Shortening the story about the Middle School

It’s becoming all too clear that not only is the “choice” being presented by the New Paltz school board for the Middle School a false choice, but that one of the two choices should have been off the table early in the process.

As Mayor Terry Dungan, appearing before the New Paltz town board last night, pointed out, the option of building a new middle school building out by the High School is so much more expensive than a complete renovation of the current Middle School that a new building should not even be considered. I won’t try to repeat his argument here, but it was more than persuasive.

I would go a step further than Dungan and point out that the option of aggressive maintenance and repair and moderate renovation of the Middle School, as opposed to complete renovation vs. a new building, should have been on the table all along, and should now be front and center as the most serious option because it is the one that will be the least costly to taxpayers already heavily overtaxed.

I note that the Times Herald-Record reports that the state will be reducing aid to the New Paltz school district in the next fiscal year, so residents are already looking at a big bump up in taxes on their property.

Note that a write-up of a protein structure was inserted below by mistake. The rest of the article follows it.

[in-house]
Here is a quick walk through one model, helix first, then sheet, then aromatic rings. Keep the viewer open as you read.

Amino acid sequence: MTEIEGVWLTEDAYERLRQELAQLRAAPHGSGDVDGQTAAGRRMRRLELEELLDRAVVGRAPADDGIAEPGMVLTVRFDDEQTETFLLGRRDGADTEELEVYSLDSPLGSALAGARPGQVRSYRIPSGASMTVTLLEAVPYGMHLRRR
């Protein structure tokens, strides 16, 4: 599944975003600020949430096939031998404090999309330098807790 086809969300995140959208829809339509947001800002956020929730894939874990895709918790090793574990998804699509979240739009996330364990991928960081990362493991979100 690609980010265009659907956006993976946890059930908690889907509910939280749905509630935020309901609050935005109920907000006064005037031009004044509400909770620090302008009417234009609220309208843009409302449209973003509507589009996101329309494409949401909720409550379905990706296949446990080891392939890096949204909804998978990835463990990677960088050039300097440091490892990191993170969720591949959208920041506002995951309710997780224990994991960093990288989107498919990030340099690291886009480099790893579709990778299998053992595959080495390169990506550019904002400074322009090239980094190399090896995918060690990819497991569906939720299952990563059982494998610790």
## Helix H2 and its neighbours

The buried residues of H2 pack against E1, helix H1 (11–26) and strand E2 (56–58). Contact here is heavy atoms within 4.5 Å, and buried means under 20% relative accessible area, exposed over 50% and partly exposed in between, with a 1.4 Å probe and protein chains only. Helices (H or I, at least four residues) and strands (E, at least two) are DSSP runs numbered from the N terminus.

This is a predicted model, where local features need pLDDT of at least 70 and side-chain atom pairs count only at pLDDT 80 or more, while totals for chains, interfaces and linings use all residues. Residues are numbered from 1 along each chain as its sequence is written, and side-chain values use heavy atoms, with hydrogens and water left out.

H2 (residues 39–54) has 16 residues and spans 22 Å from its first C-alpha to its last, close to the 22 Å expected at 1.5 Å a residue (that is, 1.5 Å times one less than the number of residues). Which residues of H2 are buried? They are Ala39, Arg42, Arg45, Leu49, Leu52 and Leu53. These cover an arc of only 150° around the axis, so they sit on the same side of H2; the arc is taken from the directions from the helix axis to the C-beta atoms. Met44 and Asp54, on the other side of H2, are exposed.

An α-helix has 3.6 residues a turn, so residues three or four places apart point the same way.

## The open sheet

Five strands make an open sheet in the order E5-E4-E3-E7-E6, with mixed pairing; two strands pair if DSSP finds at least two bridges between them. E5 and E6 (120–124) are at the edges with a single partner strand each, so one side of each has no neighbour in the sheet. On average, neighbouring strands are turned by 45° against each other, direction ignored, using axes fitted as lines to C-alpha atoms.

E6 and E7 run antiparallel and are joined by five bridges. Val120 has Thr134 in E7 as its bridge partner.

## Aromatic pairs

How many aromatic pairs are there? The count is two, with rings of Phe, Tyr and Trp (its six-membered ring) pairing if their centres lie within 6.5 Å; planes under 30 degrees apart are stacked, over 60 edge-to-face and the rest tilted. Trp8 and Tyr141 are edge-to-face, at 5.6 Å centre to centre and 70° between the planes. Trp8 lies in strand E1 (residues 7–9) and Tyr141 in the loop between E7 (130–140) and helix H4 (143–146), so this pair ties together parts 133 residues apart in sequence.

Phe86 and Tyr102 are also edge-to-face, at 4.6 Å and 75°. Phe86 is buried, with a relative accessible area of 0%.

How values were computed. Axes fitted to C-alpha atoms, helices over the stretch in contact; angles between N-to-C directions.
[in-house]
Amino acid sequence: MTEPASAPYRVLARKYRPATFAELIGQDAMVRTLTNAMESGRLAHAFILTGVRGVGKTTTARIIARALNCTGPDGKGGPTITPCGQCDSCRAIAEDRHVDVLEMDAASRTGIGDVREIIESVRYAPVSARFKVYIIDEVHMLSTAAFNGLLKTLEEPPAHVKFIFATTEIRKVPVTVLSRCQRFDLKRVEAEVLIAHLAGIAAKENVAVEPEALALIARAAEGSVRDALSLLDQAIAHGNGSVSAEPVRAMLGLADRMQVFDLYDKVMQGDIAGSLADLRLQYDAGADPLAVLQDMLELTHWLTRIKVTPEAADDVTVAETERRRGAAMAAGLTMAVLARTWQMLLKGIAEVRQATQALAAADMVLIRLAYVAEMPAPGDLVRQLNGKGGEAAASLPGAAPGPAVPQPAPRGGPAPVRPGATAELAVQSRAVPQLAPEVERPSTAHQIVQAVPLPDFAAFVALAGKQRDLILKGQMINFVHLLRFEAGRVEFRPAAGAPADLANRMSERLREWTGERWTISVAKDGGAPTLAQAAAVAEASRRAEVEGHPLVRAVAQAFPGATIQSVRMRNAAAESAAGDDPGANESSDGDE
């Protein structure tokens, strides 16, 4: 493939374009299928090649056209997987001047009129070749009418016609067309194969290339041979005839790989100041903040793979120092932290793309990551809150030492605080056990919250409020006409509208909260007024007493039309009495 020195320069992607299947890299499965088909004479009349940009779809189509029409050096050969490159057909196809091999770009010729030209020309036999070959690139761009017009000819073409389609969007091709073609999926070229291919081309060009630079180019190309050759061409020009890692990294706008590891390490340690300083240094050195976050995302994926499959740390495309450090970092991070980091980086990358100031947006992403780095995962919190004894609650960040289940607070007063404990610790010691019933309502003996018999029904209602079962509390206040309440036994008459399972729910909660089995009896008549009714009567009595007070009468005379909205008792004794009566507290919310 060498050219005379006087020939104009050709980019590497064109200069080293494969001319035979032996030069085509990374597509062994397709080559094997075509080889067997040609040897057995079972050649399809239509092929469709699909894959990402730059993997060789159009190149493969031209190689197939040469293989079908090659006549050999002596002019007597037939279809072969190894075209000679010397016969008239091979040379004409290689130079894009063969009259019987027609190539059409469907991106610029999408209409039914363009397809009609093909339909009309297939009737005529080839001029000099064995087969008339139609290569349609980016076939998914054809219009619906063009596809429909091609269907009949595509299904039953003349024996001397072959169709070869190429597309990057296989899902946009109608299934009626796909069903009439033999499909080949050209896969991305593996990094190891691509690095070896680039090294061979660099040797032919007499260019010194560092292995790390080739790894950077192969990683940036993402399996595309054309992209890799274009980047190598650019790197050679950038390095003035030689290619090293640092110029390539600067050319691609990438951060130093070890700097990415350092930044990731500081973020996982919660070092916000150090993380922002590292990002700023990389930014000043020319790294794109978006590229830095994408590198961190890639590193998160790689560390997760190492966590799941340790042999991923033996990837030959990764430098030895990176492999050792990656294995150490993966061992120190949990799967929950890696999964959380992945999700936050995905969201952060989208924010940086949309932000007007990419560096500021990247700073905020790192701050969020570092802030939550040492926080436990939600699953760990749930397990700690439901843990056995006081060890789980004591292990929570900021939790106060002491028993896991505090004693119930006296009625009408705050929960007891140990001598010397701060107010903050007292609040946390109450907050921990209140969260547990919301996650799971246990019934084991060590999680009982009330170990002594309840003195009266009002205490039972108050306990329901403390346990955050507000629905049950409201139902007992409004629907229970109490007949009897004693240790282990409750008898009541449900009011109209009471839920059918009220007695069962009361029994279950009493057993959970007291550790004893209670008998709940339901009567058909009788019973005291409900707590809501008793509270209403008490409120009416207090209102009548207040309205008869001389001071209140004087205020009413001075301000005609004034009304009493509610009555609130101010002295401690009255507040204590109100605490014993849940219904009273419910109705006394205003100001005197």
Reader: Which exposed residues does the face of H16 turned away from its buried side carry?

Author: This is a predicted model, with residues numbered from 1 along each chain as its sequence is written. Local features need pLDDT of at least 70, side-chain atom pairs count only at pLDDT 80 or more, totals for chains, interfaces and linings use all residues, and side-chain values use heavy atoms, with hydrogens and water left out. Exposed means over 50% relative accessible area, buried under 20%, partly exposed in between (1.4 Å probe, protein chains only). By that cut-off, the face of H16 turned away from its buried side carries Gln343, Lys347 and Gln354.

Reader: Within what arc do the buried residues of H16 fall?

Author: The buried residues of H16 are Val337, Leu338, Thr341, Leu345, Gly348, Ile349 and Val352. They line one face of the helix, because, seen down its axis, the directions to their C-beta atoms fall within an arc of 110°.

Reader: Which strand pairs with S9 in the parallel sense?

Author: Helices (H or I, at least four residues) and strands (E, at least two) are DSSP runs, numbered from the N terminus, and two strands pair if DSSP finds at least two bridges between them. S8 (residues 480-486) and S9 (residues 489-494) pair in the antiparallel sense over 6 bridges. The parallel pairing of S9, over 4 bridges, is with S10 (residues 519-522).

As I noted in the previous post, this school board is institutionally and psychologically committed to the destruction of the New Paltz community. The public should become active now to force the entire board to resign, along with the superintendant. It would be much less expensive to buy her contract out than to let her grow another budget. What voters need to do is find a board that will commit to reducing the school budget gradually over five years. Start with a reduction matched to the coming reduction in state aid and achieve a five percent reduction from this year’s budget five years out. That will first of all stop what would otherwise be at least 30%, probably closer to 50%, growth over those years, and bring serious fiscal discipline, and maybe let a lot of homeowners on the edge keep their homes and remain in the community.

If you are not struggling, think of your neighbors who are, because that could just as easily be you in fairly short order.

If my solution that the community demand the resignation of the entire board and the superintendant sounds radical, you’ve got that right. It needs to be radical because none of these people will ever be convinced to stop spending your money the way they do. They are locked into and committed to a process that they believe is “normal,” even though they know that people are already groaning under the weight of these taxes. “The power to tax is the power to destroy.”

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